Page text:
WASHINGTON — A group of Black female officers with the Metropolitan Police Department filed a multi-million-dollar class action lawsuit Wednesday against their employer, alleging discrimination, a hostile workplace and systemic retaliation by management.
Ten women, a mixture of current and former DC Police officers, claim they are victims of racial and sexual discrimination, and are seeking $100 million in compensation in the new lawsuit. The women say they were forced to work in a hostile workplace with a male-dominated culture of bullying and intimidation. If they complained, the women allege they were subjected to "intensive pervasive retaliation."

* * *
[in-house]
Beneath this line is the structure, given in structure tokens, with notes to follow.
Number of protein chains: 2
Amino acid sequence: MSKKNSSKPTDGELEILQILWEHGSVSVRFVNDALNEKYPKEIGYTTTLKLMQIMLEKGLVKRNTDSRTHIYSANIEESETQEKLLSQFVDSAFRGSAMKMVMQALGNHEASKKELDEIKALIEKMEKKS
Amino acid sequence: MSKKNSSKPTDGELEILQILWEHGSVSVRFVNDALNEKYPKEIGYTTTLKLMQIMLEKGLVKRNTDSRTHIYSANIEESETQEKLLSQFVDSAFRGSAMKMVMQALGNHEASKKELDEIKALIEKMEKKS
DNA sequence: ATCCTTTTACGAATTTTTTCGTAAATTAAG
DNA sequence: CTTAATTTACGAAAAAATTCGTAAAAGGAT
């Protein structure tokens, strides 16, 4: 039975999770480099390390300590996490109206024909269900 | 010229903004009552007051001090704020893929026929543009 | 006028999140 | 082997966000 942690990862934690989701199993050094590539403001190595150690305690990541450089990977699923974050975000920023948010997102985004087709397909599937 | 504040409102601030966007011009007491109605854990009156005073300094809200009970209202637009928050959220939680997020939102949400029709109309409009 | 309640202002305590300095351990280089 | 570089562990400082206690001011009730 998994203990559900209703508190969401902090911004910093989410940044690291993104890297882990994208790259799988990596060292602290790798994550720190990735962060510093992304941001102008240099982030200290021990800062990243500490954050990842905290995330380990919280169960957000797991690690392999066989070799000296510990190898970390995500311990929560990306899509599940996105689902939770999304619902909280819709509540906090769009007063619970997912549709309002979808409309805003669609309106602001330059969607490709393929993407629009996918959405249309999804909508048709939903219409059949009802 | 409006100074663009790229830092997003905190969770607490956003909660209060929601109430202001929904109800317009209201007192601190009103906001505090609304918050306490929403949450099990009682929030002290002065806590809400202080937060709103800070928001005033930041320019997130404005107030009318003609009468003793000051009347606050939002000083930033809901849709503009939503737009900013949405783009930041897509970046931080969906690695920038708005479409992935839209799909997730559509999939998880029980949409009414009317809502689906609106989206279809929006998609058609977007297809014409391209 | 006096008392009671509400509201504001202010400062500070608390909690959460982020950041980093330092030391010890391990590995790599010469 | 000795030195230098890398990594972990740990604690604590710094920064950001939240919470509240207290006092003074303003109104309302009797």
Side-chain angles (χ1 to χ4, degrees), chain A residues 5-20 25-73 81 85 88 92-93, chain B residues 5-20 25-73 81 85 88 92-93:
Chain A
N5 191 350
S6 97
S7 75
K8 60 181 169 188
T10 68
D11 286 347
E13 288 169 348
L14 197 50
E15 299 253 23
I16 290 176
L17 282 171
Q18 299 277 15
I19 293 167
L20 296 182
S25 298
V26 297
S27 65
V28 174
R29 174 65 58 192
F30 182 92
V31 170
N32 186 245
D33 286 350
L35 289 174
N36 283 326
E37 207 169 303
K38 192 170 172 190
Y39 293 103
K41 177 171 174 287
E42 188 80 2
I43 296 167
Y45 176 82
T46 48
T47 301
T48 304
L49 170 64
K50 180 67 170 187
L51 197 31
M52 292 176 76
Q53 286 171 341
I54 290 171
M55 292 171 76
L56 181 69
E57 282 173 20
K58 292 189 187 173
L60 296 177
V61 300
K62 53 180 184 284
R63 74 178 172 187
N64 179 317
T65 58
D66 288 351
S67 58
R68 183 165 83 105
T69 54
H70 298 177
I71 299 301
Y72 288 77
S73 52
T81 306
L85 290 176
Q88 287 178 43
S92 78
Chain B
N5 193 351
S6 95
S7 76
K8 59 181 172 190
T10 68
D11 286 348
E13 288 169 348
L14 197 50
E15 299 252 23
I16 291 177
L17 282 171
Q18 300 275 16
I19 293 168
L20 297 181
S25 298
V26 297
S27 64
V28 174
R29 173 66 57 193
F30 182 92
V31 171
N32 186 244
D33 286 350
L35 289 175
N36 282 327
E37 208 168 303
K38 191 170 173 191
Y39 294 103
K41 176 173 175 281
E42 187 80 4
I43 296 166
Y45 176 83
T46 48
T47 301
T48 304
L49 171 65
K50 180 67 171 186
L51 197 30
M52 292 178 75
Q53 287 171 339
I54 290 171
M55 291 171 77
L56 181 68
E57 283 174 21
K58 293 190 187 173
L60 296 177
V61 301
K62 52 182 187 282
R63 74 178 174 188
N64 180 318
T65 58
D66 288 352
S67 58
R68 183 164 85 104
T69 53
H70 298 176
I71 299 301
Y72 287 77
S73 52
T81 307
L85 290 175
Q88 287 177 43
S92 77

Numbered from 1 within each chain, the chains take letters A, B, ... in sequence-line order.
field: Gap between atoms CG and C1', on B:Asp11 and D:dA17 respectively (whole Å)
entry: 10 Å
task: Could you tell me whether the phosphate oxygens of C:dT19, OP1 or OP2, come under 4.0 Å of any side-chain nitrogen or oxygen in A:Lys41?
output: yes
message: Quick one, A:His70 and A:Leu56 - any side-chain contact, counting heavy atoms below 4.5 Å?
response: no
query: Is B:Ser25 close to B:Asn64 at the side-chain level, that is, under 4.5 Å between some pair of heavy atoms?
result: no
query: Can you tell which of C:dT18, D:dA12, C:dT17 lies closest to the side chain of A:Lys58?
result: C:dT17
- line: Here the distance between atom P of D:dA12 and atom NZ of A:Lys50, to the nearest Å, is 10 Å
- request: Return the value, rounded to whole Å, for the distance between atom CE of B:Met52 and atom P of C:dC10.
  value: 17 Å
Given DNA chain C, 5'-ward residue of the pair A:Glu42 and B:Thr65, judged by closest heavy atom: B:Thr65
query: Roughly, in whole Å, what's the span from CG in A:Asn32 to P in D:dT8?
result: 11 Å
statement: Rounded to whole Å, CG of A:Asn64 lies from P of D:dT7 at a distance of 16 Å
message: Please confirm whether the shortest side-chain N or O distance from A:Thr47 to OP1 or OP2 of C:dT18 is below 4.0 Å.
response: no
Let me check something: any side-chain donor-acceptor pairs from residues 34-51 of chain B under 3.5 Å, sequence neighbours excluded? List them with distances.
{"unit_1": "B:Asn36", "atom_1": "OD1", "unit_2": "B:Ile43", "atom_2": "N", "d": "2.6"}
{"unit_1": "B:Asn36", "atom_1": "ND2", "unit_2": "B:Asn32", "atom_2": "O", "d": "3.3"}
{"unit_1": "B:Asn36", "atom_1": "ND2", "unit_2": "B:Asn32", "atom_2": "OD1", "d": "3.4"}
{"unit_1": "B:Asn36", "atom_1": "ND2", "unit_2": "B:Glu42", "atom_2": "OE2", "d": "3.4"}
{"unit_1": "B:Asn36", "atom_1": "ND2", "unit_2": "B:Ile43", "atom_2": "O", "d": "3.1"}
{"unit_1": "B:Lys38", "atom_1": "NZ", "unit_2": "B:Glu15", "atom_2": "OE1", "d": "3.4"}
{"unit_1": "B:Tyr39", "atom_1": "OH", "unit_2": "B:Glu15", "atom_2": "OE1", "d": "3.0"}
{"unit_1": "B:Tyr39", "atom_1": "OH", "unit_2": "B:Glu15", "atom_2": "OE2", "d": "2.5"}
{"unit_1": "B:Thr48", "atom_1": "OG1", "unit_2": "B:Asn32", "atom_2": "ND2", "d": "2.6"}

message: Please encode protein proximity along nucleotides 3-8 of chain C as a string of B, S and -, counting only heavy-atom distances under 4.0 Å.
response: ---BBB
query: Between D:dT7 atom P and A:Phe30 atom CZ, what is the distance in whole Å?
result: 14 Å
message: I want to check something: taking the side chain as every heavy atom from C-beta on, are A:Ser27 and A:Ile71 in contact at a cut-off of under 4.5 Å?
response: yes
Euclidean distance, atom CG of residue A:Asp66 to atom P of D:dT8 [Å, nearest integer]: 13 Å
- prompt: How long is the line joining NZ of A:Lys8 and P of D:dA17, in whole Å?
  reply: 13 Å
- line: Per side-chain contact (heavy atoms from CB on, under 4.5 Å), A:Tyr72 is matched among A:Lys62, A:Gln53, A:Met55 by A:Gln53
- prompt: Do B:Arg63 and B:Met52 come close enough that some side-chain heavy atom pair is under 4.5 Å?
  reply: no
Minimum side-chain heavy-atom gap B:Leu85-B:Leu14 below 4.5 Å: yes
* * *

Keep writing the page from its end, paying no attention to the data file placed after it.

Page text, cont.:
"But the worst of it, we were labeled as troublemakers, angry Black women," Assistant Chief of Police Chanel Dickerson said. "And I'm here to say we are not angry Black women. We are tired women. And no one should have to endure what we did."
According to the lawsuit, the group's concerns were dismissed by the MPD Equal Employment Office (EEO). In addition to the financial compensation, the lawsuit is seeking an overhaul of MPD’s EEO and personnel practices.
"While we cannot discuss the specific allegations due to pending litigation, the Metropolitan Police Department is committed to treating all members fairly and equitably throughout our organization," MPD Public Affairs Specialist Alaina Gertz said. "We take these allegations seriously and we will be reviewing them thoroughly and responding accordingly."
The suit was filed by Pam Keith of Donald Temple Law Offices of the District of Columbia, who held a press conference Wednesday announcing the lawsuit
A spokesperson for the DC Attorney General's office told WUSA9 they had not received the lawsuit yet, and declined to comment further.